American Legal History and the Hessian Effect

hessianIt is curious thing that, even as undergraduate liberal arts programs continue to take a beating, law schools designed to train professionals now offer more humanistic (sometimes called perspective) courses than ever. What may be even more curious is that the presence of these courses in the curriculum is justified on instrumental grounds. Courses in jurisprudence, legal history, and comparative law (as well as others taking their cue from the social sciences) provide, it is argued, a context for the understanding (and later exercise) of practical wisdom.  The Hessian effect — the sense that the law teacher is there simply to train practically-minded mercenaries, see Thomas Bergin, The Law Teacher: A Man Divided Against Himself, 54 Va. L. Rev. 637 (1968) — remains present in legal education, but the definition of the training of lawyers has broadened to encompass such courses as integral to one’s legal education.

Part of this transformation results from the greater employment of legal academics who hold joint degrees in law and other disciplines, many of whom had little experience in practice. Part was a reaction against dogged resistance to “big ideas” about law in mid-twentieth century legal education, and part, I think, is due to a hunger in students for something more from their education than technocratic training. 

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Does the ABA Do Good? (Part II)

The ABA has been the official federal accrediting body of law schools since 1952, a task it undertook informally after the issuance of the Root Committee Report in 1921. A law school approved by the ABA can remain in business because its students are eligible for federally guaranteed loans and because every state’s licensing authority has made graduates of ABA-approved law schools eligible to take its bar exam. Thus, a law school wants to please the ABA inspection teams that visit every seven years (and more often if the school is new) for a determination of whether to re-approve the school.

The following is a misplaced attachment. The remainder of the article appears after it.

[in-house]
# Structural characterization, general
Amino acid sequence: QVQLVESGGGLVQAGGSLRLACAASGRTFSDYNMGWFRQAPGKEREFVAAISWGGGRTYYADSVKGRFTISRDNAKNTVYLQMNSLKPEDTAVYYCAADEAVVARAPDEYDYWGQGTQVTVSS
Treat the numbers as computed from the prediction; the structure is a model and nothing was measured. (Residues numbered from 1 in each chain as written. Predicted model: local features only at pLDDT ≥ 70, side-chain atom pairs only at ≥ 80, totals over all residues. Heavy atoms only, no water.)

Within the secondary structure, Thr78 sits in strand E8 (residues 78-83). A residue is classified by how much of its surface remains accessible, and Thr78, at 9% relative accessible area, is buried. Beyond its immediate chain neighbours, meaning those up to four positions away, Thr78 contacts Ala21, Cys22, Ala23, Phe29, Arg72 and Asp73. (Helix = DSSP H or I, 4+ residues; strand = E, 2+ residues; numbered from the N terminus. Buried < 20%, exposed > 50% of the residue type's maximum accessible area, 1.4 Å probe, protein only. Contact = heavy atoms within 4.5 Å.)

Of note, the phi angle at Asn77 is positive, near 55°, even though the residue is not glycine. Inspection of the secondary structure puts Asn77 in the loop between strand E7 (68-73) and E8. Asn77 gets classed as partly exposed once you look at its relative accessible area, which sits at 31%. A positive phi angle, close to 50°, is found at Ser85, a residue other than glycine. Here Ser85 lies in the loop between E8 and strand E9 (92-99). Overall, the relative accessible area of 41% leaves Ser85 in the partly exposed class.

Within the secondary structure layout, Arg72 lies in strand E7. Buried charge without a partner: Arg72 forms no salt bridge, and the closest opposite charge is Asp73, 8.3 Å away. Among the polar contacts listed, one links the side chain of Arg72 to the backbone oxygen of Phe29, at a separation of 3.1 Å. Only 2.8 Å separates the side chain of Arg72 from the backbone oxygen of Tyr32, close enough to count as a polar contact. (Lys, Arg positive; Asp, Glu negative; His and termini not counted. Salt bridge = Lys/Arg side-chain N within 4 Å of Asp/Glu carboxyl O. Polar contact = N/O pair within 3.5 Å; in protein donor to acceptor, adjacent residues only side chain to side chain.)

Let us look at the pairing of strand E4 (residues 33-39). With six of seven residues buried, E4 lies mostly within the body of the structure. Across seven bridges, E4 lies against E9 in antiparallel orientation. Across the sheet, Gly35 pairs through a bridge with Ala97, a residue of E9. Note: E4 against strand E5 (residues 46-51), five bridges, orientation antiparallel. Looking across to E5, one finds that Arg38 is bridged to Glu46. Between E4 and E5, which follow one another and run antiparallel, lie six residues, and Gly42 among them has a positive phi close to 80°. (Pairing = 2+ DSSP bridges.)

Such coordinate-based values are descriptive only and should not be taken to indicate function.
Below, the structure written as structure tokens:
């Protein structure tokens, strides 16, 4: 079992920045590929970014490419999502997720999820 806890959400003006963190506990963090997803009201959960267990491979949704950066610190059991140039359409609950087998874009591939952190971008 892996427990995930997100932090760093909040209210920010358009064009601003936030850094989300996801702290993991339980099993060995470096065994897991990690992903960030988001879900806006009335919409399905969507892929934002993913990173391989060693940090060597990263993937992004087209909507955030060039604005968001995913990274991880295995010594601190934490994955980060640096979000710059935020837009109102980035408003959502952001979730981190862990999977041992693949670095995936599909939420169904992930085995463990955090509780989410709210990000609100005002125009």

Has the existence of the ABA as accrediting body aided legal education?  Before 1995, the answer was a qualified yes. The ABA demanded law schools invest in resources that aided students (for example, requiring more full-time faculty), and inculcated a professionalism in legal education that provided for enhanced (though flawed) training of lawyers. The system had its faults, particularly the ABA’s use of its monopoly approval power to 1) push for faculty pay increases, 2) make demands regarding size of libraries and secure tenure status for librarians, and 3) make excessive capital demands of new law schools. On the whole, though, as Robert Stevens concluded in an article on American legal education, the ABA deserved two cheers.  See Robert Stevens, Two Cheers for 1870: The American Law School, in Law in American History 405 (Donald Fleming & Bernard Bailyn eds. 1971).

This ABA’s understanding of its role and its actions regarding it authority has changed markedly since the entry of the consent decree in the antitrust matter filed by the DOJ against the ABA. 

Continue ReadingDoes the ABA Do Good? (Part II)

Does the ABA Do Good? (Part I)

No. (This, however, is a polemic, and as such I am unfairly neglecting some of the fine work done by some ABA sections.) As a law student, I had an inchoate thought that the ABA could be a kind of strong mediating institution between the state and the individual that would make it beneficial to the public, not just a large lobbying organization protecting the business interests of lawyers. I had a woeful lack of knowledge of the quite sketchy history of the ABA. I thought the ABA could use its organizational heft to improve the quality of applicants to the profession, improve the ethical standards required of all lawyers, and advance the public profession of the law.

One issue of importance to the ABA during my formative years as a lawyer (and even now) was its role in the vetting process for federal court nominees. Having joined the legal profession in 1982, I was quite familiar with the burgeoning culture wars, including their cousin, the judicial appointment wars. I never thought much of the ABA’s efforts to control (or at least channel) judicial selection through its Committee on the Federal Judiciary, particularly after it couldn’t determine, based on its own “non-ideological” criteria, whether Robert Bork was highly qualified, qualified, or a hopeless disaster in the making. I don’t mind the ABA’s efforts to evaluate federal judicial nominees; what bothers me is that it claims to do so as an independent, neutral, unbiased expert.

But neither its history nor its tiresome efforts to wield an oddly refractive kind of political influence is what really bothers me. No, the ABA does harm because it can’t get it right on what should be its two most important areas of concern: legal ethics (this Part) and legal education (Part II). 

Continue ReadingDoes the ABA Do Good? (Part I)